The next two days were simultaneously laid-back yet tightly scheduled. There were plenty of informational seminars to attend and nonstop casting classes on multiple fields. Like most shows, it was difficult to decide which to attend and many sacrifices had to be made due to too many good things going on at the same time. It was pretty much nonstop from breakfast until dinner, and then there were social events in the evening.
I personally found it successful as I had two particular questions for two separate experts, and through sheer luck, I managed to run into both of them during their downtime. Actually, it really wasn’t all that lucky since the venue was not very large. I knew if I kept my eyes peeled I had a good chance. The problem is experts draw crowds quickly, and you have to share ‘em.
There are always those who can find fault in almost any organization but few can deny there is a special bond amongst avid fly anglers. Whatever you may think of the FFI, this minor show in a niche market like Florida draws real fly fishing talent. The knowledge, willingness to share information, and patience of our teachers, both expert and otherwise, is a very impressive thing. At least around here, if it were not for the FFI I do not think this would take place.
The real surprise of the entire show was the keynote speaker at the event-ending banquet. How often does that happen? The featured speaker was a guide named Steve Huff, who is legendary in saltwater circles, but quite possibly unknown throughout much of the fly fishing world. I do not know the number of world records he has guided his clients to, but I do know it is very large. His clients have won numerous tarpon tournaments and he, along with some famous clients, is credited with solving the puzzle of permit on fly. He is commonly referred to as the greatest Keys guide ever.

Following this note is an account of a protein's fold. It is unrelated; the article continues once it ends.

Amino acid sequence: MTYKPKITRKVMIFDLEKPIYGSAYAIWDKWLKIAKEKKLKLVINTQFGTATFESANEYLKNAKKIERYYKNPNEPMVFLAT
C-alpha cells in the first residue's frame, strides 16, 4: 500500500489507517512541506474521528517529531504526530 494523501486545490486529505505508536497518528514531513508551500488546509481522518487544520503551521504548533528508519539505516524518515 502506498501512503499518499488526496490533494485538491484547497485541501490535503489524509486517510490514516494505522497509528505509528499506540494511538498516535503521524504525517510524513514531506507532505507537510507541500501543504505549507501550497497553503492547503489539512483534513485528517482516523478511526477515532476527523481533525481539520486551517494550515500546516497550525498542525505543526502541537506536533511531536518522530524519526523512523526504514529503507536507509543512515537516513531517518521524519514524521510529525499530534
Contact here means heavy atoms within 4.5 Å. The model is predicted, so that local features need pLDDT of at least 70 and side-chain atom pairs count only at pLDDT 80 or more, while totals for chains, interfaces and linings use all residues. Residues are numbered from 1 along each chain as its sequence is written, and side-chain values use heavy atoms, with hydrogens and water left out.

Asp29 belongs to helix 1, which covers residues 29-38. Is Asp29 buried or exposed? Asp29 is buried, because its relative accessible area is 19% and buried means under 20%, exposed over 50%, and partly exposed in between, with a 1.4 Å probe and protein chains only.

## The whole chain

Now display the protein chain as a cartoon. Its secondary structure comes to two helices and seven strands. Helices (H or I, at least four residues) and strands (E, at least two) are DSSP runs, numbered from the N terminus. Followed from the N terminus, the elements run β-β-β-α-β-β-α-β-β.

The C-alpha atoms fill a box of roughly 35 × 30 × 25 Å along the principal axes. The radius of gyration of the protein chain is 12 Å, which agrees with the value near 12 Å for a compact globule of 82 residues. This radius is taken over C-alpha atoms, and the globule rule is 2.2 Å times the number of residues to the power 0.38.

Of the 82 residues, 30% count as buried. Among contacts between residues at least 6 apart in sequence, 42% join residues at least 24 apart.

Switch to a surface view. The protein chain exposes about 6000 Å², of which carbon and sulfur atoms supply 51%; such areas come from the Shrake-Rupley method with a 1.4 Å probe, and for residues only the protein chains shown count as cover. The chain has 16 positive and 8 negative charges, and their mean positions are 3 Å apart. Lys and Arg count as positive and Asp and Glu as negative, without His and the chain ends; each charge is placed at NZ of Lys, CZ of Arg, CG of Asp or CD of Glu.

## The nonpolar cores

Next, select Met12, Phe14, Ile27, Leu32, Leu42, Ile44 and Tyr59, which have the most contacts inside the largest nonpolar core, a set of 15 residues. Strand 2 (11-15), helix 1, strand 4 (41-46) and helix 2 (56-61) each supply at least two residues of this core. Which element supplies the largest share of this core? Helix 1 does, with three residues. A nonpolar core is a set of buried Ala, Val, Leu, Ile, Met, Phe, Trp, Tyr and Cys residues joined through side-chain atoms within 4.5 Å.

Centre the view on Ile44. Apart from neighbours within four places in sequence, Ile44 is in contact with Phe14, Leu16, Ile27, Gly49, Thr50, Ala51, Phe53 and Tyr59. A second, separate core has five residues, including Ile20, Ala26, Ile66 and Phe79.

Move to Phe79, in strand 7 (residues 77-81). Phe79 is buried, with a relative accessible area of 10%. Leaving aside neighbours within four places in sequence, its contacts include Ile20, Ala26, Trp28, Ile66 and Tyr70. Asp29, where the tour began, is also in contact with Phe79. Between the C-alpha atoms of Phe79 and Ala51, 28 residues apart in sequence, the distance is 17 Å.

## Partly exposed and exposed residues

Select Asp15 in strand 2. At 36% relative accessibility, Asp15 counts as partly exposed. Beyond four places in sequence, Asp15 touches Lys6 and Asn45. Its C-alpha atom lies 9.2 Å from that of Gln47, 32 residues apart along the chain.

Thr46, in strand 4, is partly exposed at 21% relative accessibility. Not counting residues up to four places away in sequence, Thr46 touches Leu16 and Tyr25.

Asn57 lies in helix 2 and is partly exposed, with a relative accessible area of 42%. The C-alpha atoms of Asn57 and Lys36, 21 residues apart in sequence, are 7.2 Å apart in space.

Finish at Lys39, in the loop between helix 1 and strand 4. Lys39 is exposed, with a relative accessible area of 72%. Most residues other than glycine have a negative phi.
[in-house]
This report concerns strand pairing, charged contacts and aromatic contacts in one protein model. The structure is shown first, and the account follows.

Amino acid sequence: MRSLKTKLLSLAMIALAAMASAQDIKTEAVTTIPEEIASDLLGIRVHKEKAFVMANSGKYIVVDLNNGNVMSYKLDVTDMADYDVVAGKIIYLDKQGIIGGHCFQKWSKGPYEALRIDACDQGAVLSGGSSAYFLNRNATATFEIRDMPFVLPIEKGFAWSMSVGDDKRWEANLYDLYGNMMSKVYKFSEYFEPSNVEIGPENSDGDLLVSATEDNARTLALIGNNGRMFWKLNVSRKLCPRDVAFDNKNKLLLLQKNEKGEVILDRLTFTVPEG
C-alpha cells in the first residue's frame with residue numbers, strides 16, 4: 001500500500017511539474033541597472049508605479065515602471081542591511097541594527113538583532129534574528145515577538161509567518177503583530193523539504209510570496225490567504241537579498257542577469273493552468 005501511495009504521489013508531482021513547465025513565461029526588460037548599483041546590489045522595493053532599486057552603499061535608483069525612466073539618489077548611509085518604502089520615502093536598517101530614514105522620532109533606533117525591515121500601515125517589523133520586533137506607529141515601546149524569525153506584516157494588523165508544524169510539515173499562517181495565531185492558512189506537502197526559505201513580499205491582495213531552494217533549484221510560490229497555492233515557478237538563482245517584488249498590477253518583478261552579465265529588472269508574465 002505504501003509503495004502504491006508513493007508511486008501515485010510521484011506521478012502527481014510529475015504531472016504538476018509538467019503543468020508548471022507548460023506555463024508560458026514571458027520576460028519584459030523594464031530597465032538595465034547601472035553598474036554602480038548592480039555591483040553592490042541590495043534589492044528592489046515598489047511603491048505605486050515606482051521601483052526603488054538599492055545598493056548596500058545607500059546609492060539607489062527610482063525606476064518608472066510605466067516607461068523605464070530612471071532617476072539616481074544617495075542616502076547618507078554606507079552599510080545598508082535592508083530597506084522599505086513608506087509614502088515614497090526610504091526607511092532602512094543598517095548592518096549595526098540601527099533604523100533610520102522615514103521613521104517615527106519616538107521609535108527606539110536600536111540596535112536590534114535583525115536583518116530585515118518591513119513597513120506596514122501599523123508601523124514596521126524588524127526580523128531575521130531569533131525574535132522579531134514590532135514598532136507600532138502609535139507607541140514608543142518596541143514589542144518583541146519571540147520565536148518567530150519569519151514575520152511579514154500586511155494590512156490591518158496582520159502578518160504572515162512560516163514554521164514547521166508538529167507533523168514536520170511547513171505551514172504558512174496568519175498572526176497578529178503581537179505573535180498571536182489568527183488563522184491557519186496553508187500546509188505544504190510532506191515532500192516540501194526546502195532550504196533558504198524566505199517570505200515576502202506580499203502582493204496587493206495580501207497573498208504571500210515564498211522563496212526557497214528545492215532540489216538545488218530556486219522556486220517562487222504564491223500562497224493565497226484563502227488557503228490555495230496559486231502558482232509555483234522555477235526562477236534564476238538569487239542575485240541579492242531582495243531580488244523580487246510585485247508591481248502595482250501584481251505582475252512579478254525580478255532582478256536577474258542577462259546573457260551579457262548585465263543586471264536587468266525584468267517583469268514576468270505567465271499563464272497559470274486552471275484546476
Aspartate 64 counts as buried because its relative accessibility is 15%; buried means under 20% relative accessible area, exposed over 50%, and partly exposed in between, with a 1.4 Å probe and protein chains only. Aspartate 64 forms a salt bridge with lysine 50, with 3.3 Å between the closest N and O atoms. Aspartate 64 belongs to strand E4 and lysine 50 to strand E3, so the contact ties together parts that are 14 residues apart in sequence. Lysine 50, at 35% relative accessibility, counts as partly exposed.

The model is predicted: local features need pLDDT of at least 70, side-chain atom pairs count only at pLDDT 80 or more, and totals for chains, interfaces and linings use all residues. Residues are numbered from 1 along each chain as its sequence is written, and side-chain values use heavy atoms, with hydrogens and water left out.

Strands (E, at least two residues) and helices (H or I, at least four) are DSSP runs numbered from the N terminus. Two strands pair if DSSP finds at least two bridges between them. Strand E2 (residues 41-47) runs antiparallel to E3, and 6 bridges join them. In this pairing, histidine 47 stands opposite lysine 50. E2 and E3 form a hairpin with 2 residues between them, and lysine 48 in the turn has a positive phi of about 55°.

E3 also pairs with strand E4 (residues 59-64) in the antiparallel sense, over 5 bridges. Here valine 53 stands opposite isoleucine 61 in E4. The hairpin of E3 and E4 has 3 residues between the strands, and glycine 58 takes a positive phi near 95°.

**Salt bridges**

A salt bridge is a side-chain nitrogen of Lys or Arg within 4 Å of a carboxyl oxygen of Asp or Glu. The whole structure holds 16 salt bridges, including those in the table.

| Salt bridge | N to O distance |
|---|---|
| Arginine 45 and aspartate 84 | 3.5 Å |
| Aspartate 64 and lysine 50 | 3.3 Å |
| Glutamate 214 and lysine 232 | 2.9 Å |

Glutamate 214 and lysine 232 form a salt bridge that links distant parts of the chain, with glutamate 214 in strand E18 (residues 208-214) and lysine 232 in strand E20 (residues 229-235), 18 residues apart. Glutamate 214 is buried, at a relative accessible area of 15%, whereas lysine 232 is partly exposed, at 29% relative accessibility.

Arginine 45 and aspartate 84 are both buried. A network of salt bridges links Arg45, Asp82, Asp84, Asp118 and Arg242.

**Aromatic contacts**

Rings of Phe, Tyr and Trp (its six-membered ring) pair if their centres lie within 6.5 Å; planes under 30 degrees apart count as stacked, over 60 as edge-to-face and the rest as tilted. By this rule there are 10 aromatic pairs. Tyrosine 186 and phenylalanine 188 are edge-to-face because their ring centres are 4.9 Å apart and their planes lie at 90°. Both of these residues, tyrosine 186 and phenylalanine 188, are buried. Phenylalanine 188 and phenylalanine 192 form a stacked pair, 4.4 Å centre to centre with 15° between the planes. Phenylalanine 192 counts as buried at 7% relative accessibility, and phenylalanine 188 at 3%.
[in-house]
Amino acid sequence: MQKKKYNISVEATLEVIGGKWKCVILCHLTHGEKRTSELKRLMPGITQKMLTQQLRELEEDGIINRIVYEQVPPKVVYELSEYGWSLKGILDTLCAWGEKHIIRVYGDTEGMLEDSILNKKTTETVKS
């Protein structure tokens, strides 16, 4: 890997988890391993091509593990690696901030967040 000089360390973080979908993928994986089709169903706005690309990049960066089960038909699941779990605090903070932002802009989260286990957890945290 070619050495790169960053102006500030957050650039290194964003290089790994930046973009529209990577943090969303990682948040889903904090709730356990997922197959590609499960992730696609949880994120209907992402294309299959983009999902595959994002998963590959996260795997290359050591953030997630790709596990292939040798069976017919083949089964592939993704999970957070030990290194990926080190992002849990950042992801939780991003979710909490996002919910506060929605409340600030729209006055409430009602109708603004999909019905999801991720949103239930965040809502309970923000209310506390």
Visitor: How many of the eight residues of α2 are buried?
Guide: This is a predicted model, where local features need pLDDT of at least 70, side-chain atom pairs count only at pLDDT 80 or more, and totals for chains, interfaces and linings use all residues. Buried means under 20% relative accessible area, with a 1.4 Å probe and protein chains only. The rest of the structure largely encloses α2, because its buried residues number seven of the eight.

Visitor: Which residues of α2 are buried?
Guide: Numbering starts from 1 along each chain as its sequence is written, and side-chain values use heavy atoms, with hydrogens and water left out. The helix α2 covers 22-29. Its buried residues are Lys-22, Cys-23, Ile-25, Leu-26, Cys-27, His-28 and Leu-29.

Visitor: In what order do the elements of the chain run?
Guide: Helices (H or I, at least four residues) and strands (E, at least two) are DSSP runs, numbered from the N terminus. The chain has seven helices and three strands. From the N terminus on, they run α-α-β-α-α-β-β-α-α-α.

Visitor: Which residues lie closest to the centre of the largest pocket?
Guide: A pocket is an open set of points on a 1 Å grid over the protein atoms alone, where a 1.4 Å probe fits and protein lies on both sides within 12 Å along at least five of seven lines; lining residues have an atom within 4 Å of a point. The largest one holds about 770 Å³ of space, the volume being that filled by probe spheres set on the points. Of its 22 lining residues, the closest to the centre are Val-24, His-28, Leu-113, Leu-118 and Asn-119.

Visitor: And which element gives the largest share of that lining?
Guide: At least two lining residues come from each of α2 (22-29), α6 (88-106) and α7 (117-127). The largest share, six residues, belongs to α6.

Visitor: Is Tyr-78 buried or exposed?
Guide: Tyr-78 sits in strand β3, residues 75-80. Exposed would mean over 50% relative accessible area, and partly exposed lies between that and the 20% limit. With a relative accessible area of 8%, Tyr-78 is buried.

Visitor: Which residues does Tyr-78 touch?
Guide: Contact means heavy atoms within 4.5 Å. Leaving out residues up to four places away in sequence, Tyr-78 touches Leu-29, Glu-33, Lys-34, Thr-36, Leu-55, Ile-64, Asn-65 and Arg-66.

I was lucky enough to spend a few minutes with him and it was very surprising to see how humble, almost embarrassed, he was with all the attention. And how he would really, really rather be out fishing than doing this sort of thing. So, why did he do it? Someone asked.
BTW… I know the IGFA is also an organization that gets some negative print, even here on SL. I do not have a dog in that fight. I do appreciate his answer to a rather pointed question from the peanut gallery though. It seems he always rigs his rods to IGFA specs. When asked why, he responded that some anglers see flyfishing as a pastime, while others see it as a sport… and sports have rules.
So, when someone who has been inducted into the IGFA hall of fame, is responsible for multiple high profile saltwater tournament wins, and numerous world records, gets up to talk you might expect some vainglorious braggart to shower you with numbers and dates, right?
Not one word.
Instead, he spoke about passion for flyfishing and how lucky he is to have been the other guy on the boat when those competition anglers achieved their trophies. His humility, appreciation for the opportunity, and simple love of flyfishing was as unexpected as it was inspiring. When he was finished I think he might have been a little embarrassed. The convention hall sat in shocked silence, well at first anyway.
Having just endured two flyfishing shows I had observed a number of passionate persons. There were those passionate about making a buck, and others passionate for notoriety. Thankfully I caught a glimpse of a few who are actually passionate about flyfishing.
How do we make more?